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1. James Joule and the mechanical equivalent of heat • Joule knew a mass above the ground had potential energy. He dropped an object on a cord, turning a paddle in water monitored by a very accurate thermometer. • His conclusion was to connect energy conservation (potential and kinetic) to heat as a third form observed.

2. Specific heat • A specific heat value reveals how much temperature will change when a given amount of a substance absorbs a given amount of heat. • Water is a “benchmark” as one ml of water will absorb 1 cal of heat to raise its temperature by 1oC.

3. Specific heat values

4. Q17.3.5 You put 1 kg of the following materials on a bunsen burner. Which one’s temperature rises the least? A. Aluminum, c = 910 J/kg K B. Berillium, c = 1970 J/kg K C. Copper, c = 390 J/kg K D. Water, c = 4190 J/kg K

5. A17.3.5 You put 1 kg of the following materials on a bunsen burner. Which one’s temperature rises the least? A. Aluminum, c = 910 J/kg K B. Berillium, c = 1970 J/kg K C. Copper, c = 390 J/kg K D. Water, c = 4190 J/kg K

6. Water in a teapot • A 500W heater dumps all its energy into heating 1kg of water in a teapot. How long does it take to heat the water to boiling if the water started out at room temperature? • How many moles of water is this? • cwater = 4190 J/kg K • Mwater = 0.018 kg/mol

7. Phase changes and temperature behavior • A solid will absorb heat according to its heat capacity, becoming a hotter solid. • At the melting point, a solid will absorb its heat of fusion and become a liquid. An equilibrium mixture of a substance in both its liquid and solid phases will have a constant temperature. • A cold liquid will absorb heat according to its heat capacity to become a hotter liquid. • At the boiling point, a liquid will absorb its heat of vaporization and become a gas. An equilibrium mixture of liquid and gas will have a constant temperature. • A cold gas can absorb heat according to its heat capacity and become a hotter gas.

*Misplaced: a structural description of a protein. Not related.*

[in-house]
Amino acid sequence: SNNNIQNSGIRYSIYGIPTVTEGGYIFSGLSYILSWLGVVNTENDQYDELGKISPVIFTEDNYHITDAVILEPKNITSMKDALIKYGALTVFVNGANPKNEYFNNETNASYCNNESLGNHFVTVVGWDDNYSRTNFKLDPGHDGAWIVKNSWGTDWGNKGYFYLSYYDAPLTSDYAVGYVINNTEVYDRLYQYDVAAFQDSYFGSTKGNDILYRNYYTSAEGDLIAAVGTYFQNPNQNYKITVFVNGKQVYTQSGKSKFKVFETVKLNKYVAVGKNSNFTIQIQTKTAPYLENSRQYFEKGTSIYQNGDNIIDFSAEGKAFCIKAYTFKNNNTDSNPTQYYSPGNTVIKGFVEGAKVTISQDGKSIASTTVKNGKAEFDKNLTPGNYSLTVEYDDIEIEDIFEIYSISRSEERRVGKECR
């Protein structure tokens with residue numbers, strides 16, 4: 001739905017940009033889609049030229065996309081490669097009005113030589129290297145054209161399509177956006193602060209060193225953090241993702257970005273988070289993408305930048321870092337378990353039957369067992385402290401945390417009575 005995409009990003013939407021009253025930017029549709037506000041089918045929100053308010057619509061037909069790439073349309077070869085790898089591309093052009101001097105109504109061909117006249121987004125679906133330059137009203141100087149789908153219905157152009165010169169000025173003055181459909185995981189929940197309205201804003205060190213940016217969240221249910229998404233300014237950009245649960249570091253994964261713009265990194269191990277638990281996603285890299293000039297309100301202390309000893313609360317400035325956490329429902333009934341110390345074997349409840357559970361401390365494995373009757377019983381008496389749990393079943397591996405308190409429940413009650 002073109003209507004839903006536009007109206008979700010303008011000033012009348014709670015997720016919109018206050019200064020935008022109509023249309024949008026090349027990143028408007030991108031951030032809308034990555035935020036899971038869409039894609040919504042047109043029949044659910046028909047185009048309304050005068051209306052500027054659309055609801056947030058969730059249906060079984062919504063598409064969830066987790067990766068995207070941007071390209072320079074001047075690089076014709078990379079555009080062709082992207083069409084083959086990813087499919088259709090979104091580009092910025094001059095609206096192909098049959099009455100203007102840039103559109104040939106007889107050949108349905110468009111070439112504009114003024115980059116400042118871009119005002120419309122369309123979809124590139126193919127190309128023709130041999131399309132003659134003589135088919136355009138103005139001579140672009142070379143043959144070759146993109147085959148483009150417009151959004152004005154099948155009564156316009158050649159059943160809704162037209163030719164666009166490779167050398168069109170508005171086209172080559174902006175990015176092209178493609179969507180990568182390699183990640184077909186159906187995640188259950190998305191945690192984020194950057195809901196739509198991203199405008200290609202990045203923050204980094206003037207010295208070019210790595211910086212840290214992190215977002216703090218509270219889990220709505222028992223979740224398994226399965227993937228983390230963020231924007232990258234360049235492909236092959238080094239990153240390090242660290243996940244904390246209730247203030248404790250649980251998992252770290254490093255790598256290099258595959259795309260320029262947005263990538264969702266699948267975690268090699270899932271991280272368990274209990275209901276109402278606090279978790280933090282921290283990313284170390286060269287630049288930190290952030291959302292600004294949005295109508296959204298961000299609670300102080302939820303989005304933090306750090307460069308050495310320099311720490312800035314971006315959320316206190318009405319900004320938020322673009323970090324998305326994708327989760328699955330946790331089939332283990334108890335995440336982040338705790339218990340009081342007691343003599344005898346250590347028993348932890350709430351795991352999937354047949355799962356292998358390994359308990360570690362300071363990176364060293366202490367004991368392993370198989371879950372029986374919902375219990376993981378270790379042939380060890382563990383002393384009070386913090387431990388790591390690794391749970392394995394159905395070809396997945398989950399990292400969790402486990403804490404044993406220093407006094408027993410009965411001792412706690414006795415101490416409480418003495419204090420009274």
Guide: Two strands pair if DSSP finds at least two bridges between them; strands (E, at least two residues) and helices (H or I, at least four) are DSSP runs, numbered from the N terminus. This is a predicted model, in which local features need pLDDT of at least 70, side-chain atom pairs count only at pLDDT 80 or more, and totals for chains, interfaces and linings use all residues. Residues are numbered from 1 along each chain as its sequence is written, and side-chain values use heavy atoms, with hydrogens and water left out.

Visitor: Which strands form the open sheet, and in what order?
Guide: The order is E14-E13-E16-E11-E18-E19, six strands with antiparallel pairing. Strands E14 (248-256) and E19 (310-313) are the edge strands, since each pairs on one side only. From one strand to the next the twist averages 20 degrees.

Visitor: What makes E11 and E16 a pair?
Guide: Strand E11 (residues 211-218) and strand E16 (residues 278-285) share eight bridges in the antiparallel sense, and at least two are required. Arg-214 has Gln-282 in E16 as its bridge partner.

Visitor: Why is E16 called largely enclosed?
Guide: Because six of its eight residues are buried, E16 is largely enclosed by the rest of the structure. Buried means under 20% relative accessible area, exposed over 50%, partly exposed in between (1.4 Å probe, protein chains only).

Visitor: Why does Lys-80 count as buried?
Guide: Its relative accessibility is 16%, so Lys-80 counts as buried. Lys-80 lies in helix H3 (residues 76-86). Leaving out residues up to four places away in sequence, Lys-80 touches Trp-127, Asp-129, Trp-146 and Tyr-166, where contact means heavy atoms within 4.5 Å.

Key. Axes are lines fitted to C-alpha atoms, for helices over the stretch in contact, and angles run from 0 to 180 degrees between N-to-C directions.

8. Q17.4 You wish to increase the temperature of a 1.00-kg block of a certain solid substance from 20°C to 25°C. (The block remains solid as its temperature increases.) To calculate the amount of heat required to do this, you need to know A. the specific heat of the substance. B. the molar heat capacity of the substance. C. the heat of fusion of the substance. D. the thermal conductivity of the substance. E. more than one of the above

9. A17.4 You wish to increase the temperature of a 1.00-kg block of a certain solid substance from 20°C to 25°C. (The block remains solid as its temperature increases.) To calculate the amount of heat required to do this, you need to know A. the specific heat of the substance. B. the molar heat capacity of the substance. C. the heat of fusion of the substance. D. the thermal conductivity of the substance. E. more than one of the above

10. Hot pot • A heavy copper pot of mass 2 kg is at temperature of 150C. You pour 0.1 kg of water at 25C into the pot then quickly close the lid so no steam can escape. Find the final temperature of the pot and its contents and determine the phase (liquid or gas) of the water. Assume no heat is lost to the surroundings. • cwater = 4190 J/kg K, ccopper = 390 J/kg K • Lwater = 2256 x 103 J/kg

11. Why, and how well, do materials transfer heat? • Conduction: heat transfer within a body or between two bodies in contact. • Convection: heat transfer through movement of mass from one place to another • Radiation: heat transfer by electromagnetic radiation

12. Conduction of heat I • You bring a cooler to the beach to keep some tasty beverages cold. The cooler has a total wall area of 0.8 m2 and a wall thickness of 2.0 cm. It is filled with ice, water and your tasty beverage at 0C. What is the rate of heat flow into the cooler if the outside wall is at 30C? • How much ice melts in 8 hours?

13. Convection of heat • Heating by moving large amounts of hot fluid, usually water or air. • Figure 17.28 at right illustrates heat moving by convection.